- A wellness exam is an overall general health assessment that may include blood tests, urinalysis, and parasite screening.
- A wellness exam is recommended for most pets at least annually.
- Some veterinarians recommend wellness exams at least every 6 months for senior pets and pets with chronic health issues.
- A wellness exam can help ensure your pet's health and detect early stages of disease.
A wellness examination is a complete physical examination along with diagnostic testing that may include blood work, urinalysis, and checking a stool sample for parasites. In many cases, a wellness examination can help detect the early stages of disease. Often, your veterinarian will schedule this exam when your pet is due for vaccinations.
Wellness programs vary depending on the species, age, and health needs of the patient. Your veterinarian may ask you to fill out a preliminary checklist along with a complete medical history of your pet. The checklist will ask about any issues that your pet may have.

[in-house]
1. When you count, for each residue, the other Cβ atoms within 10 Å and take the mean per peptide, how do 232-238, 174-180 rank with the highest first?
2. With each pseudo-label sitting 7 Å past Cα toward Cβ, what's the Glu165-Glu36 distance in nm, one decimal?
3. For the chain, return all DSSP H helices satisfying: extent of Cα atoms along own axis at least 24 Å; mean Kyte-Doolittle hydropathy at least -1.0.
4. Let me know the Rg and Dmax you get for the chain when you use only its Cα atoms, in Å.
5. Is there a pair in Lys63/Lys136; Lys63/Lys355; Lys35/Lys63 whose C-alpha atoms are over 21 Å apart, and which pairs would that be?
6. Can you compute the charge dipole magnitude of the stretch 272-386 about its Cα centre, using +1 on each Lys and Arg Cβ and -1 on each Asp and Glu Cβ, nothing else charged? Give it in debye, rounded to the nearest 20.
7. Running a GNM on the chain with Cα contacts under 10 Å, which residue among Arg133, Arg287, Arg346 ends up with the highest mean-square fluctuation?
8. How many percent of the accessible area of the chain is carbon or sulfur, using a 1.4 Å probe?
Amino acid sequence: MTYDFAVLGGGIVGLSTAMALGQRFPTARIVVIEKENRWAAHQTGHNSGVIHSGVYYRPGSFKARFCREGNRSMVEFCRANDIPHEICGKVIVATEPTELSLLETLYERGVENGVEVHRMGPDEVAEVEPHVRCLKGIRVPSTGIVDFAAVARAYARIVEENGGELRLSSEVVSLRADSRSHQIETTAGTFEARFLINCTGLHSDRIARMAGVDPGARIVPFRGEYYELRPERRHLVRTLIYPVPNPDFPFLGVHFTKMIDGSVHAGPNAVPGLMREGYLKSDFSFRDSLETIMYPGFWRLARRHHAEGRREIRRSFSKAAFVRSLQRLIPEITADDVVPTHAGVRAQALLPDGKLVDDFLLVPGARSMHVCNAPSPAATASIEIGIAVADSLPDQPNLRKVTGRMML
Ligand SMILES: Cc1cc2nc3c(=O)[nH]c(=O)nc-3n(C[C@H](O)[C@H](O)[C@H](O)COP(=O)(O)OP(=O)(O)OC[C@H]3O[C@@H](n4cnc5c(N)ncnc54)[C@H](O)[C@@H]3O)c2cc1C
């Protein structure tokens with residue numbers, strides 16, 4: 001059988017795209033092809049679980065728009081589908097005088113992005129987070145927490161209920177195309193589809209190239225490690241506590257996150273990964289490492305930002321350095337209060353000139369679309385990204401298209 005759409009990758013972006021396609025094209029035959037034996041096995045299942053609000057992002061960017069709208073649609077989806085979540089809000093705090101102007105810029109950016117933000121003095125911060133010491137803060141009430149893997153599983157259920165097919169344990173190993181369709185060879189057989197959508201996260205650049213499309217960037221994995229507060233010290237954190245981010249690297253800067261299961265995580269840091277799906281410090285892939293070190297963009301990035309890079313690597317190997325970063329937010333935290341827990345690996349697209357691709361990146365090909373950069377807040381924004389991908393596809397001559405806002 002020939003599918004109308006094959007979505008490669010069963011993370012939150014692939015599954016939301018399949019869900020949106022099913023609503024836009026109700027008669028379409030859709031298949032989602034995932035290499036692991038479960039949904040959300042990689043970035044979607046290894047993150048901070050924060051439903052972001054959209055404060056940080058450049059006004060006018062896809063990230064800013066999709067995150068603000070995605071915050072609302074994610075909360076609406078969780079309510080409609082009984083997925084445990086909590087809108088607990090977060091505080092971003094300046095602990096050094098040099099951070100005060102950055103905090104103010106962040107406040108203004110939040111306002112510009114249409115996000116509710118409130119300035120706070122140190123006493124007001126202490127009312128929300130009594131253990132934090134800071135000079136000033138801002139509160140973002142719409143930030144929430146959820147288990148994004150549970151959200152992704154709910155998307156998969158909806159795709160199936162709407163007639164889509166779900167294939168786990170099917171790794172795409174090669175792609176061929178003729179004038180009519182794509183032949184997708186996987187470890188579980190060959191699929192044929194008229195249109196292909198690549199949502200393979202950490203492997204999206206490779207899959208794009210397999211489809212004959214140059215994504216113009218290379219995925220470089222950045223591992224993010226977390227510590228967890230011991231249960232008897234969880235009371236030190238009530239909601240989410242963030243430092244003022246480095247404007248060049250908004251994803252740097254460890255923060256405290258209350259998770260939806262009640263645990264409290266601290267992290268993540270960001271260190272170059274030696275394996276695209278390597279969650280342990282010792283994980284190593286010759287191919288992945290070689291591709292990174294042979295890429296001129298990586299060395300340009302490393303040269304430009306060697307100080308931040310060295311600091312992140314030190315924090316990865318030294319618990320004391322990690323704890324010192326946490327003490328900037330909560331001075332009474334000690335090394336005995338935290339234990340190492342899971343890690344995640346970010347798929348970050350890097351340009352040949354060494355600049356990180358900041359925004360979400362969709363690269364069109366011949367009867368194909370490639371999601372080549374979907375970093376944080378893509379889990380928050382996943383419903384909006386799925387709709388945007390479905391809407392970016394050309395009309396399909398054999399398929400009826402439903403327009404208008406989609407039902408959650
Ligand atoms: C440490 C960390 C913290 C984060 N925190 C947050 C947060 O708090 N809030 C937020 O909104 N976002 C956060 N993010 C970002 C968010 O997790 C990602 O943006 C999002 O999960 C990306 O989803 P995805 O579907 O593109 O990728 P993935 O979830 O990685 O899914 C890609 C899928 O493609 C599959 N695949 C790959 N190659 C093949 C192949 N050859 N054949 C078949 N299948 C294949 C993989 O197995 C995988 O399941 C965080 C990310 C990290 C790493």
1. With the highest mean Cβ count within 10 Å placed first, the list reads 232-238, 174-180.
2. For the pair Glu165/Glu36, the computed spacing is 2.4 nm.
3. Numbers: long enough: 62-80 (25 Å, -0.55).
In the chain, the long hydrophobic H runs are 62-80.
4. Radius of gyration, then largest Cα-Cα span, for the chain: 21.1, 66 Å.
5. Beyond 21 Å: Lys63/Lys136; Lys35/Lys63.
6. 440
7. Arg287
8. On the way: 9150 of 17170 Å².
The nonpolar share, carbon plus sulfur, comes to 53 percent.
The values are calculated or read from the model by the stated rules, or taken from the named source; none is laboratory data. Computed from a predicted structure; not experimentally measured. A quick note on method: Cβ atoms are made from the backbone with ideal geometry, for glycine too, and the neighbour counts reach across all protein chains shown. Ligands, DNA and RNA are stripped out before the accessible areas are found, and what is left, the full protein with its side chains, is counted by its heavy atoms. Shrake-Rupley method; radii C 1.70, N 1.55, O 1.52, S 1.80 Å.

For example, if you noticed that your pet is losing weight, your veterinarian may perform special tests to help rule out specific diseases that can cause weight loss. Make sure to fill out the forms thoroughly and bring a list of questions that you may have about your pet’s health. This is the perfect time to ask these questions.
Most wellness exams include a complete physical examination, which is a nose-to-tail inspection for any abnormalities. Your veterinarian will use special equipment, including a stethoscope to listen to the heart and lungs, an otoscope to view the inside of the ears, and an ophthalmoscope to examine the eyes.
Your veterinarian will also feel all over your pet’s body for lumps and bumps. In addition, your veterinarian will check your pet’s vital signs (temperature, pulse, and respiration) and record your pet’s current weight.
Many veterinarians perform testing on samples of blood, urine, and stool during a wellness exam. The blood test may include a complete blood cell count (CBC) and a chemistry panel.
These tests can help determine if your pet has problems such as anemia, infection, or organ disease. Other tests, such as a thyroid evaluation, may be helpful, depending on the physical examination results and patient history.